Hey Poetry friends!
With the onset of National Poetry Month, and given the fact that I just came back from CUPSI in Virginia Saturday night, I’m feeling completely immersed in poetry. Now this is not a letter of complaint by any means, but more a format for me to share my feelings in this particular entry, as well as a way to search for some kindred spirits in the hopes that we might band together and share tips on doing some epic soul-growing.
So CUPSI stands for College Unions Poetry Slam Invitational. For four straight days, slam poets from across the nation hung out around Richmond and poured their souls out to strangers. We laughed, we cried, and we had some unforgettable experiences. I’m still reeling from my time at Virginia Commonwealth University even as I type, and I think I will be for some time yet. To make a long story short and skip over basically everything: while I was there in VCU, the poets had a few choice phrases they would shout out to any given poet as they walked up to the mic. Things like, “You got this!”, “Don’t be nice!”, and “Remember why you wrote it!” I want to focus on that last one, as it connects to the point I’m trying to make at feeling a little overwhelmed from all the poetry (see title). You see, for me, I’ve been coming to realize that writing all this poetry has helped me discover and define myself, and has helped to show me who I want to be. When asked to “remember why I wrote it,” the answer is complex and fickle, just how my poetry feels like it has been lately. There are so very many lessons and interpretations and suggestions in poems of any kind, and I find myself wanting to become the person I try to be in my poetry (when I write about being a happy, optimistic individual, that is). Perhaps understandably, I’m feeling overwhelmed because there has been a sudden massive influx of incredible words that I’m trying to not let slip away. You all ever have profound, life-changing experiences with poetry? Or the a littler kind of thing where you changed up your routine because of something pretty cool you heard or read? Has it ever happened a lot in a short period of time?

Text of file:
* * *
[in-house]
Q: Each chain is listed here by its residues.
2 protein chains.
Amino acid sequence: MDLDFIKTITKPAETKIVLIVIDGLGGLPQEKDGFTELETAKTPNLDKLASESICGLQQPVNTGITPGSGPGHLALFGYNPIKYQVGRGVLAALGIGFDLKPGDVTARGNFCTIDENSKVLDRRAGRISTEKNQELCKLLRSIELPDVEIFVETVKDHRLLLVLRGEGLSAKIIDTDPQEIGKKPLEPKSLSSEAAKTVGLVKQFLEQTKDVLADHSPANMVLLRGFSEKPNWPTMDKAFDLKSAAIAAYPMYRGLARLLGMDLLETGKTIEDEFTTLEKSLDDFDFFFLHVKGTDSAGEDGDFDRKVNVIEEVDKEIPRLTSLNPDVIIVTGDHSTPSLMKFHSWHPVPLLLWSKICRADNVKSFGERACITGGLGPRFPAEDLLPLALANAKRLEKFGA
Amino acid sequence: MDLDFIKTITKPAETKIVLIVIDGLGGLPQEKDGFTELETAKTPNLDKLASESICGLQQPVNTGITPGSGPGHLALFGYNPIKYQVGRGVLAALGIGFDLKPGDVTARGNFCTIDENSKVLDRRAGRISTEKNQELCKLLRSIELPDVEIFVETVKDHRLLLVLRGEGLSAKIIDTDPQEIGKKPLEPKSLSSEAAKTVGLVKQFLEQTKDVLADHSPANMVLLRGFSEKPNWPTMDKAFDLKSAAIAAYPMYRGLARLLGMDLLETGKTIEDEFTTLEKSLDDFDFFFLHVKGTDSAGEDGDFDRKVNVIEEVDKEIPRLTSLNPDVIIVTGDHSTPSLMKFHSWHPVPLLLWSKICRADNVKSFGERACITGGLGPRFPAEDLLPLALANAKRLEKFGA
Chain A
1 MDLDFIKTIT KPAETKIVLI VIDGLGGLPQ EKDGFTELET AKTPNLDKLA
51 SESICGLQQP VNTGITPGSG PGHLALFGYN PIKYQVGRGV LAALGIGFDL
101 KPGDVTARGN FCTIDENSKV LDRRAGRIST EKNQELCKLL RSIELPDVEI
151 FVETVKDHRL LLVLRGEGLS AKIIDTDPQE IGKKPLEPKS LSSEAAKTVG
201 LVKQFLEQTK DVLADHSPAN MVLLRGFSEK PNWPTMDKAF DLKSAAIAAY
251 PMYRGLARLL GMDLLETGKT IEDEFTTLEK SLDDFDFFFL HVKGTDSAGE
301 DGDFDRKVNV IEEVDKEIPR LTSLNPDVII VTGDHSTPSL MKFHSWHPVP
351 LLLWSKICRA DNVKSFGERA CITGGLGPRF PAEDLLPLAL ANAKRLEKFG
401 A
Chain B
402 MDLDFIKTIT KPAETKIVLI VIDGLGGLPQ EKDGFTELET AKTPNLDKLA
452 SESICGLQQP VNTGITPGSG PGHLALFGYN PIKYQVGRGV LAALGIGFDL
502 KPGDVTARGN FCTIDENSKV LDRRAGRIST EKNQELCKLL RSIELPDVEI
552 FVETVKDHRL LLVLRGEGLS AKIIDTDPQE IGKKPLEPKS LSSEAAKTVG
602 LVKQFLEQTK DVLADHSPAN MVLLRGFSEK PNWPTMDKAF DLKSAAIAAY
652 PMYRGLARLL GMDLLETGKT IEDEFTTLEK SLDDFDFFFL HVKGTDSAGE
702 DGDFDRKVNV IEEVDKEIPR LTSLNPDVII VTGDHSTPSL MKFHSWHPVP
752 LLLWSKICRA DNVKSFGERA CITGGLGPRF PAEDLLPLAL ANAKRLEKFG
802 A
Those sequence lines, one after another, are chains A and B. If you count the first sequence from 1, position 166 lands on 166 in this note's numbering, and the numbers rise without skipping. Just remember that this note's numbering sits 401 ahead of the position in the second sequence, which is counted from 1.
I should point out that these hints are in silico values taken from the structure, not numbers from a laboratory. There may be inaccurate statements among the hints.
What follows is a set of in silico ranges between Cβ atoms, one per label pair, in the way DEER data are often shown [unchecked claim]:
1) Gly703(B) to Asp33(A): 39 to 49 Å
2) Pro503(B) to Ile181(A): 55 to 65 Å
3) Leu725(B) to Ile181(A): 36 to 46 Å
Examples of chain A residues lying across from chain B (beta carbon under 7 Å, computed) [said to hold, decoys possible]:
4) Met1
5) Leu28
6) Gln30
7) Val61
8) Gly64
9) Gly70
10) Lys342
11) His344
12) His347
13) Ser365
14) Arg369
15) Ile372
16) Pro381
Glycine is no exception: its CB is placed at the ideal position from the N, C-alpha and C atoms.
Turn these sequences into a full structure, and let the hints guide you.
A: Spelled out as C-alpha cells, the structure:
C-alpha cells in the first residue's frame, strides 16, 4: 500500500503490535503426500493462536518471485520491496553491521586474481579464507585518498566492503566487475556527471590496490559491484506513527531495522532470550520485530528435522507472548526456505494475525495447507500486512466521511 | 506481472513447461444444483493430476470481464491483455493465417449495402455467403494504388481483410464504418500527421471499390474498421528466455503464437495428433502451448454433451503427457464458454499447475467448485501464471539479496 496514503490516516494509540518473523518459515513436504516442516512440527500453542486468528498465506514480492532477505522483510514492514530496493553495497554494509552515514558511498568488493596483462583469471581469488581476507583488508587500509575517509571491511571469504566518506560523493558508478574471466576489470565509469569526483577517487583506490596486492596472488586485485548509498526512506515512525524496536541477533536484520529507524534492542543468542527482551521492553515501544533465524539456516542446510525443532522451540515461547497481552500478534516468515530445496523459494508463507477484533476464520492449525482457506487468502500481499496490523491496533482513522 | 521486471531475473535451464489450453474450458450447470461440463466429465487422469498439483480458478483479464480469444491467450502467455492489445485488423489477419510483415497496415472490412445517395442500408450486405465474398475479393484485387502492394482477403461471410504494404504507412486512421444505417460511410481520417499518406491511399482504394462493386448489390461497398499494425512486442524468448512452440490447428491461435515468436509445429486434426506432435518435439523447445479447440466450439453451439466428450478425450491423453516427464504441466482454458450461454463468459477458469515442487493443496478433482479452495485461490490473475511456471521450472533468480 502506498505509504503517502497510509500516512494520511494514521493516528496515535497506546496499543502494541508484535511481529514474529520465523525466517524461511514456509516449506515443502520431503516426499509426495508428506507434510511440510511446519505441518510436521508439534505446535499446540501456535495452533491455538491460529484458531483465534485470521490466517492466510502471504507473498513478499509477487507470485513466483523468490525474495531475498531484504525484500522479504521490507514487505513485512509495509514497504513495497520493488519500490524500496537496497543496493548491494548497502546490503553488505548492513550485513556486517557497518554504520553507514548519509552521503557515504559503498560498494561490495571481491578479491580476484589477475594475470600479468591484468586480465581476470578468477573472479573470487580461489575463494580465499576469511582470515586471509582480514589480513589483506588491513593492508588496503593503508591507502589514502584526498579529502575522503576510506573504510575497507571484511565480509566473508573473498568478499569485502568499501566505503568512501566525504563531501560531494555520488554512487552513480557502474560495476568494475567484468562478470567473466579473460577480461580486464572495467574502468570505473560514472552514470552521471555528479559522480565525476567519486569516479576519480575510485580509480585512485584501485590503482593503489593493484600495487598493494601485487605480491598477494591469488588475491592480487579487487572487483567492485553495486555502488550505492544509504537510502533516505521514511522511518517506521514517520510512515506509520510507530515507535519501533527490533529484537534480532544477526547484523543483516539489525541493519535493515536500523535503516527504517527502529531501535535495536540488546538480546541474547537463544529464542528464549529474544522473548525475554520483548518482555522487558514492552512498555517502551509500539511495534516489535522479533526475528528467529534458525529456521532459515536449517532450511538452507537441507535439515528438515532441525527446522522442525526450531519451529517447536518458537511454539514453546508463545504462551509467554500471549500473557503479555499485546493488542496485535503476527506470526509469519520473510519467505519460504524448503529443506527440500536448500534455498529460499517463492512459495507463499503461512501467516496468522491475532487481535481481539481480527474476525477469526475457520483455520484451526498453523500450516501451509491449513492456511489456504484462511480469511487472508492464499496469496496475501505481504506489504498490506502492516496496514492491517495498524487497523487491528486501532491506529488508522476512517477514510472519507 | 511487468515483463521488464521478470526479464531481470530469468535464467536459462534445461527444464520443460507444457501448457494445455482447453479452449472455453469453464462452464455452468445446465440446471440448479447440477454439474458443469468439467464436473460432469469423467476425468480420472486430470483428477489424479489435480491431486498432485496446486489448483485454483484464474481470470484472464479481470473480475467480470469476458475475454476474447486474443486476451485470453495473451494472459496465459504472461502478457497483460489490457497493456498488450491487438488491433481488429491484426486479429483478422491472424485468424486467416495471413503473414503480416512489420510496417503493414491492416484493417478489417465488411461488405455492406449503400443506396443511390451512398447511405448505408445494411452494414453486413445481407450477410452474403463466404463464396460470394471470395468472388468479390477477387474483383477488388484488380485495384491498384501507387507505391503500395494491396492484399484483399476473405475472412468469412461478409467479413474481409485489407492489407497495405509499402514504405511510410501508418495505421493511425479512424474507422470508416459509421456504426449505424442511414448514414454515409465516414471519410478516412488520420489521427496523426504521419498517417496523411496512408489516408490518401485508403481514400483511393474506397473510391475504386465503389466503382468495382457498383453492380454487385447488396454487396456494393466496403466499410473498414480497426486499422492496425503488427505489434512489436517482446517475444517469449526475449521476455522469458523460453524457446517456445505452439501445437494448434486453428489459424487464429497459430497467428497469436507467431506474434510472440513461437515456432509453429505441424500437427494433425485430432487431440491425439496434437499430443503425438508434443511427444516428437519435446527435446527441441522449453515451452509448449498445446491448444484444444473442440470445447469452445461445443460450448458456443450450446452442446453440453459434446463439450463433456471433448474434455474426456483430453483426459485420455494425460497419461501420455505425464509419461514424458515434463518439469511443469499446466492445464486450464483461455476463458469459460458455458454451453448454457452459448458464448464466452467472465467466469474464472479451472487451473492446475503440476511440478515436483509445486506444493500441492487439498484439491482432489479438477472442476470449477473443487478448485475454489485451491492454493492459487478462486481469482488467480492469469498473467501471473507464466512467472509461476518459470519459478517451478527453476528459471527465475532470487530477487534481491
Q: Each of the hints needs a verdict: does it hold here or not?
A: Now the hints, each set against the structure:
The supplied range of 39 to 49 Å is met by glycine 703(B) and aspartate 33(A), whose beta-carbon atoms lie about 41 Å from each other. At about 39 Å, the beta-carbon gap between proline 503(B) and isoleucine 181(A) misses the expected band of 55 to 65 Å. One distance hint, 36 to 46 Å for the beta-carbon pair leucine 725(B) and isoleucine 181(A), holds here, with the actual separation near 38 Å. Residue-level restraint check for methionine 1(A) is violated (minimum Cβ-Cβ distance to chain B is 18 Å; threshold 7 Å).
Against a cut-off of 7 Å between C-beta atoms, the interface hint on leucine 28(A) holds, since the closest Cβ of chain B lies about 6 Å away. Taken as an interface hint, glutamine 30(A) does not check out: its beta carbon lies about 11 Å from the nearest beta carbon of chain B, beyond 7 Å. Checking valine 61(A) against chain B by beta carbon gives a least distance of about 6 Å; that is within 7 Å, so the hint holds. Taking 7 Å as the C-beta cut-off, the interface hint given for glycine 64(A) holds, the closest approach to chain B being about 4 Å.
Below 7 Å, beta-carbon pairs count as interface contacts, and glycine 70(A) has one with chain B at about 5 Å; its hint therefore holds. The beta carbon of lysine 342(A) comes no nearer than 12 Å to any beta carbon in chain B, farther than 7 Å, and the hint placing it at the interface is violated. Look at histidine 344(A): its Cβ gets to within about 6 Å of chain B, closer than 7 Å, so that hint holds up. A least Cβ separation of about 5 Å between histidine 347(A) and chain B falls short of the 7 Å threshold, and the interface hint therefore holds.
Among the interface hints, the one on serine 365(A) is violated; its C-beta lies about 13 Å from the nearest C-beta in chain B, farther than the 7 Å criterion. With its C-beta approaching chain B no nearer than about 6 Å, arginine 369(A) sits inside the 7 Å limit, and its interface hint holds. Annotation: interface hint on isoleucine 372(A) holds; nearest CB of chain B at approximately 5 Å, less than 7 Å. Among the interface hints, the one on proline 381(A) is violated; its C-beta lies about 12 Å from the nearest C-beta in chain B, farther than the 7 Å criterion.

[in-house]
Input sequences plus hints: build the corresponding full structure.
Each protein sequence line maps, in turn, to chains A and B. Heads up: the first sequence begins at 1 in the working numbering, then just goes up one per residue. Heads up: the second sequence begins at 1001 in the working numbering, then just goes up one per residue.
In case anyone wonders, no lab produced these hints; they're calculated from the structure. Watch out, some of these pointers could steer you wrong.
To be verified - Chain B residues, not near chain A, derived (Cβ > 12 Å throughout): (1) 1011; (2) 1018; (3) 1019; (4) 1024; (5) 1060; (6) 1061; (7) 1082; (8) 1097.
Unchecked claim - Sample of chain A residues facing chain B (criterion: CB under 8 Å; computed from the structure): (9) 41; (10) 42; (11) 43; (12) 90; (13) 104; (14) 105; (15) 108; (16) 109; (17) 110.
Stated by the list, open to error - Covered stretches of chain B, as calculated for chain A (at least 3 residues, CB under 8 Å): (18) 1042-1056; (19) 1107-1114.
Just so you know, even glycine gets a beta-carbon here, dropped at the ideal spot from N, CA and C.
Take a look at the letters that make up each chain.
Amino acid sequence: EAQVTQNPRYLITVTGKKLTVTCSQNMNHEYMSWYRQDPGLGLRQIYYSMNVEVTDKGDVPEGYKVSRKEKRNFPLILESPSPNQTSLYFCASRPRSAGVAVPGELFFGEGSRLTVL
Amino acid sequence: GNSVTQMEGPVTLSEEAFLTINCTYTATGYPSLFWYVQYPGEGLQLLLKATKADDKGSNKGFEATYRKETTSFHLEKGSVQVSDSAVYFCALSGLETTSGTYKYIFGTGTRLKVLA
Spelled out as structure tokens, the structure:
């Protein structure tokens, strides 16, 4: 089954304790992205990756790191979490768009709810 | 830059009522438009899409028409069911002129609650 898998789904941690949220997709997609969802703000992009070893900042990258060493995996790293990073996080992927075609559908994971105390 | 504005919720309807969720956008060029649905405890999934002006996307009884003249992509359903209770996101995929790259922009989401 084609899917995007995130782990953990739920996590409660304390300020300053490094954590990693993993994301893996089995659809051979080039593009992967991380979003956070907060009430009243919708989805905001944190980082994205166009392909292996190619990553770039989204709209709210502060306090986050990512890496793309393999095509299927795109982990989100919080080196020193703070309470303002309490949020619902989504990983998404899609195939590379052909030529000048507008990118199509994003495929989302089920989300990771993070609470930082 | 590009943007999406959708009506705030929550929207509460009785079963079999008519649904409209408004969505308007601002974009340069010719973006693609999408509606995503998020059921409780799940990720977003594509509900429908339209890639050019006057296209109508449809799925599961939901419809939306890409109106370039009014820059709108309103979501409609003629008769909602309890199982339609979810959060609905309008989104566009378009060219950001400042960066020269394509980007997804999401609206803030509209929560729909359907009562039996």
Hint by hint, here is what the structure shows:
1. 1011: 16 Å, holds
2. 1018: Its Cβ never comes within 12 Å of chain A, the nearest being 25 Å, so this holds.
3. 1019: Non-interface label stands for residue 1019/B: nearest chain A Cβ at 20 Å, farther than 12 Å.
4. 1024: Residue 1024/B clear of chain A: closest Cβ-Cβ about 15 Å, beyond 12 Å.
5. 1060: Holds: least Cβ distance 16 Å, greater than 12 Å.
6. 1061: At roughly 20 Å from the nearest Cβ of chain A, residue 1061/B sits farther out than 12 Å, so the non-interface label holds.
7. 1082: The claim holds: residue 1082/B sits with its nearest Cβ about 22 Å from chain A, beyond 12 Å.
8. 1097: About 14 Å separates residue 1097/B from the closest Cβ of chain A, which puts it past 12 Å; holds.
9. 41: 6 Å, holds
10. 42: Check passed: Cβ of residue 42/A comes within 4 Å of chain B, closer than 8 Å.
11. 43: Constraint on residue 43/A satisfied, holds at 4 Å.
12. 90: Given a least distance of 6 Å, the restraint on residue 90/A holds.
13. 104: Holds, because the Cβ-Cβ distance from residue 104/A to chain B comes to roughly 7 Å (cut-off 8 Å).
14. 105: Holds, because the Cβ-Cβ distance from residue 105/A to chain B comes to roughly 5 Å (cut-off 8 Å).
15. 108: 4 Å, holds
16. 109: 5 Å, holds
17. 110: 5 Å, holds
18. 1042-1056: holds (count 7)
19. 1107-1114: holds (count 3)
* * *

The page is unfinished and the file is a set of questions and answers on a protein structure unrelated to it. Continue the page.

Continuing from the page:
I’m interested to hear your voices if any of you are up to sharing. I know I could talk for hours on the topic of poetry and the effect it has had on my life, so I hope the above is comprehensive. If not, I’d totally be up to talk for hours.
Why do people get tattoos? Do they get words permanently etched into their bodies to represent their life’s experiences, or experiences they would like to have? Maybe you have one/more than one and could incorporate it/them into this prompt.
Prompt: What words would make up which body parts/organs/bones if you were made of ink? You might consider what words you would want to display proudly, and which ones you would want to cover up. Would there be any words that would demand attention over others?
So maybe you want to jot down a personal response to this writing exercise in your journal or wherever you keep your other words. Maybe you’ll then be able to go off of that response and then something so amazing will come of this prompt that it will take on a whole life its own and will be reborn an island unto itself. If you achieve that level of awesomeness, praise be and keep doing you. If you achieve another, lesser level of awesomeness that us mere mortals might possibly be able to handle, share it in a comment! 🙂
What makes a poet great?
It’s 10:30am on a Tuesday and class is about to begin. Two poets are just taking their seats while three others near the door chat about the weather. On each desk is a copy of the same three poems, scribbled on in varying hues of ink and shapes of handwriting. Workshop is open to the poets.
So we’ve all produced some amazing poetry, despite the fact that we spend what sometimes feels like forever critiquing every detail of each poem. There are some basic guidelines to poetry that we have learned to stick to in order that we might keep from writing anything less than stellar–avoid cliches, keep the adverb count down, etc.–but what’s the secret formula? It seems easy enough to point to a poem and label it, “needs work” (cough–bad–cough), but how do we distinguish the good from the great? A friend of mine recently read aloud a poem to me, and he writes poetry himself, so I had assumed this poem was his own work. When he finished, I was all ready to critique the poem and suggest some specific edits. Turns out, the poem was written by some famous Such and Such, and who was I to judge this famous Such and Such poet when I am merely a lowly college student? Certainly we could send our work to every publication out there and get a few uplifting replies, but who’s to say today’s poems we’re workshopping can’t be the next “The Road Not Taken”?